Sanfilippo Syndrome and Vision

Sanfilippo Syndrome and Vision
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Sanfilippo syndrome can cause a number of symptoms, including speech and developmental delays, behavioral issues, and impaired hearing and vision. Here is information about how the disorder can cause vision problems in patients.

How does vision work?

Vision is a complex sense. It involves light entering the eye, which converts it to nerve signals that the brain can interpret.

Light first enters the eye through the cornea, the clear membrane at the front of the eye, and then passes through the hole in the eye called the pupil (the black spot in the center of the eye). The iris (colored part of the eye around the pupil) can grow or shrink to adjust the size of the pupil and thereby control the amount of light that enters the eye.

Once light passes through the pupil, it reaches the lens, which focuses it onto the back of the eye called the retina. When the light reaches the retina, it activates special nerve cells called photoreceptors. Photoreceptors convert the light into electrical signals that pass through the optic nerve. The signals travel to the occipital lobe of the brain at the back of the head where they are interpreted as images.

What vision problems can Sanfilippo syndrome cause?

Retinopathy (damage to the retina) is the most common vision problem in patients with Sanfilippo syndrome. Retinopathy may also cause changes to the color of the retina (retinitis pigmentosa). This can lead to problems such as nyctalopia (night blindness) and overall decreased vision.

More rarely, patients with Sanfilippo syndrome may experience glaucoma (high pressure inside the eye that causes damage), cloudiness of the cornea, damage to the optic nerve, or swelling of the optic disc (where the optic nerve attaches to the retina).

How does Sanfilippo cause vision problems?

Sanfilippo syndrome is the result of the buildup of heparan sulfate in the body. Heparan sulfate accumulation in the eye, particularly in the pigment cells of the retina and the area around the photoreceptors, can lead to cell death. A study in mice found that increased cell death may be due to the heparan sulfate impairing the cells’ abilities to undergo autophagy (clearing out of dead and damaged cells).

Death of the pigment cells and photoreceptors can result in dark spots in the retina and a loss of vision. One type of photoreceptor called rods, which play a role in low-light vision, are often lost first and this contributes to the night blindness in patients.

How do doctors diagnose vision problems?

Doctors can visually inspect the retina to look for signs of damage, as well as cloudiness of the cornea.

Retinopathy can also be diagnosed by an electroretinogram (ERG), which enables doctors to look for changes in the electrical activity of the eyes. In an ERG, the doctor places electrodes on the surface of the eye and flashes a bright light. This produces a characteristic electrical recording, which can be analyzed for any changes. Since most children will not tolerate having the electrodes on their eyes, they may need anesthesia.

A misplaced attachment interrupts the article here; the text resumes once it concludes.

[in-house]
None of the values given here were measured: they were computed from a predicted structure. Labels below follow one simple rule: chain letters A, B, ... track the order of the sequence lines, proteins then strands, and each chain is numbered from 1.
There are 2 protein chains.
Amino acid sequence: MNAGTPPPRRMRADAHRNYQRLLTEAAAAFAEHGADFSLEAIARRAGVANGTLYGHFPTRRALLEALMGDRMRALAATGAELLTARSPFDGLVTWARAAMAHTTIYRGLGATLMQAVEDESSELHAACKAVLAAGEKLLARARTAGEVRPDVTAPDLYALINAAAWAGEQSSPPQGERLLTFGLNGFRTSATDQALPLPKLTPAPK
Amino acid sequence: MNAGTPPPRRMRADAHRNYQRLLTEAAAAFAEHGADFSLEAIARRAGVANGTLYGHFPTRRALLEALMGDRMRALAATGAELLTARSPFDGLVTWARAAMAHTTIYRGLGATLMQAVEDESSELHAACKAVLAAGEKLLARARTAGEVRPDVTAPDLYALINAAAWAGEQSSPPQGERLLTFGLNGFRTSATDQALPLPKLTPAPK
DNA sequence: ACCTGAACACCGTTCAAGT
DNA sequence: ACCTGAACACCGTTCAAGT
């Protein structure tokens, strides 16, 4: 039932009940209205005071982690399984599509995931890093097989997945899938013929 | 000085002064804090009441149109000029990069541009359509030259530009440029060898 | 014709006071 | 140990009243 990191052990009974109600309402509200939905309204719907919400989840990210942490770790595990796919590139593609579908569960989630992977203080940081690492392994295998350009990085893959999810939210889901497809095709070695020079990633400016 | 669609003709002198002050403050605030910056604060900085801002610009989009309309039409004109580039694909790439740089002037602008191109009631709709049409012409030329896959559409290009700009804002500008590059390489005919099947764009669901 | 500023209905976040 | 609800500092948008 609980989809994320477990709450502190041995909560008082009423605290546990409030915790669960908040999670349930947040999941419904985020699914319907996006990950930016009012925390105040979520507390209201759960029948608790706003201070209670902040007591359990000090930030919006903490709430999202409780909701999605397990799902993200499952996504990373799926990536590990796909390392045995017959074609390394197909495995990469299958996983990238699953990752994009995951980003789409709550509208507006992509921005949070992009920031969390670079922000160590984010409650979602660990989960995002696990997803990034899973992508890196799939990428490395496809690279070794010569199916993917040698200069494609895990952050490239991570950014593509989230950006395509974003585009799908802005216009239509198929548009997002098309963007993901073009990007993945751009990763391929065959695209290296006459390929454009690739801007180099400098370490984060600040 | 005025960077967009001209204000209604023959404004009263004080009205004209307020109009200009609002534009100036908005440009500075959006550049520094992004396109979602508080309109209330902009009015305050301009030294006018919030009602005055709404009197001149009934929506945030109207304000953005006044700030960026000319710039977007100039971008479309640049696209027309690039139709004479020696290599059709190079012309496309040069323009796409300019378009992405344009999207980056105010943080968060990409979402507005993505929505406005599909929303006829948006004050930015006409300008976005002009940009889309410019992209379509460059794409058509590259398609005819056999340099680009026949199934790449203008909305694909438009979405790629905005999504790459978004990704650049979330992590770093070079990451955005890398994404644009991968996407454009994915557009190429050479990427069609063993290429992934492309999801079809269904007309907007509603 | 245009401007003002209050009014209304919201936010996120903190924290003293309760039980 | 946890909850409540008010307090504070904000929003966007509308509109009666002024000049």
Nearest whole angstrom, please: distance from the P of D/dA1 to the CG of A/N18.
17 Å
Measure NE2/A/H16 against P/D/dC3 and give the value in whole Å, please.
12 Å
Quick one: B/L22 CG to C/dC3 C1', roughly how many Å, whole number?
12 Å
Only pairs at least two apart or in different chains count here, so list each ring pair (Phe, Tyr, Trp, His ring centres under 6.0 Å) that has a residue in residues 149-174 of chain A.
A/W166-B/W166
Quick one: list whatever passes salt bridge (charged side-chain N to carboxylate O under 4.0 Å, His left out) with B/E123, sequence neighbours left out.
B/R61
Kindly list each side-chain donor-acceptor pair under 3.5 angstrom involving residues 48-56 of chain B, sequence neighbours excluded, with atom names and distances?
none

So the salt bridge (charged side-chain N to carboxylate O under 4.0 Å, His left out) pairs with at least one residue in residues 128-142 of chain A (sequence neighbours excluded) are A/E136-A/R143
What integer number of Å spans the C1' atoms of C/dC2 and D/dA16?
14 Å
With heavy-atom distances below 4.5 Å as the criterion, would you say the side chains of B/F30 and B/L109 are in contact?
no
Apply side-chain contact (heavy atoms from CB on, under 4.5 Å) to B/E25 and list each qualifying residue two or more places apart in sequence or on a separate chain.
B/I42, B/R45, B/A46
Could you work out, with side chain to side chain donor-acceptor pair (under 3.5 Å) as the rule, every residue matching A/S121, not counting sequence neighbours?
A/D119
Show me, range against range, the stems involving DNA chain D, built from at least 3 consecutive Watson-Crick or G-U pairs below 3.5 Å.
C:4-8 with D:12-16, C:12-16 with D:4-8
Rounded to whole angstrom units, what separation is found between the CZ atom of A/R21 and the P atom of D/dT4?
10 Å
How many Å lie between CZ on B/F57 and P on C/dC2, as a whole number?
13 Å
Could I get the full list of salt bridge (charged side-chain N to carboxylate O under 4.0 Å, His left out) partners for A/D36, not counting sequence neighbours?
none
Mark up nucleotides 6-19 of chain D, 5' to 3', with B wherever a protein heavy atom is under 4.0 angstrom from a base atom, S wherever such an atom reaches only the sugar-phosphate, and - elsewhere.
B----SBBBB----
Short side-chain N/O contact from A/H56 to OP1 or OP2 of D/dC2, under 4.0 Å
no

There are currently no approved treatments for Sanfilippo syndrome and only limited treatments available for retinopathy. Therefore, invasive testing may be unnecessary, especially for patients with severe cognitive delays. Parents should consult with their doctor about the risks and benefits of any procedures.

 

Last updated: Dec. 22, 2020

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Sanfilippo Syndrome News is strictly a news and information website about the disease. It does not provide medical advice, diagnosis, or treatment. This content is not intended to be a substitute for professional medical advice, diagnosis, or treatment. Always seek the advice of your physician or other qualified health provider with any questions you may have regarding a medical condition. Never disregard professional medical advice or delay in seeking it because of something you have read on this website.

Brian holds a Ph.D. in Biomedical Engineering from Case Western Reserve University and a Bachelors of Science in Biomedical Engineering from Georgia Institute of Technology. He has co-authored numerous scientific articles based on his previous research in the field of brain-computer interfaces and functional electrical stimulation. He is also passionate about making scientific advances easily accessible to the public.
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Özge has a MSc. in Molecular Genetics from the University of Leicester and a PhD in Developmental Biology from Queen Mary University of London. She worked as a Post-doctoral Research Associate at the University of Leicester for six years in the field of Behavioural Neurology before moving into science communication. She worked as the Research Communication Officer at a London based charity for almost two years.
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Brian holds a Ph.D. in Biomedical Engineering from Case Western Reserve University and a Bachelors of Science in Biomedical Engineering from Georgia Institute of Technology. He has co-authored numerous scientific articles based on his previous research in the field of brain-computer interfaces and functional electrical stimulation. He is also passionate about making scientific advances easily accessible to the public.
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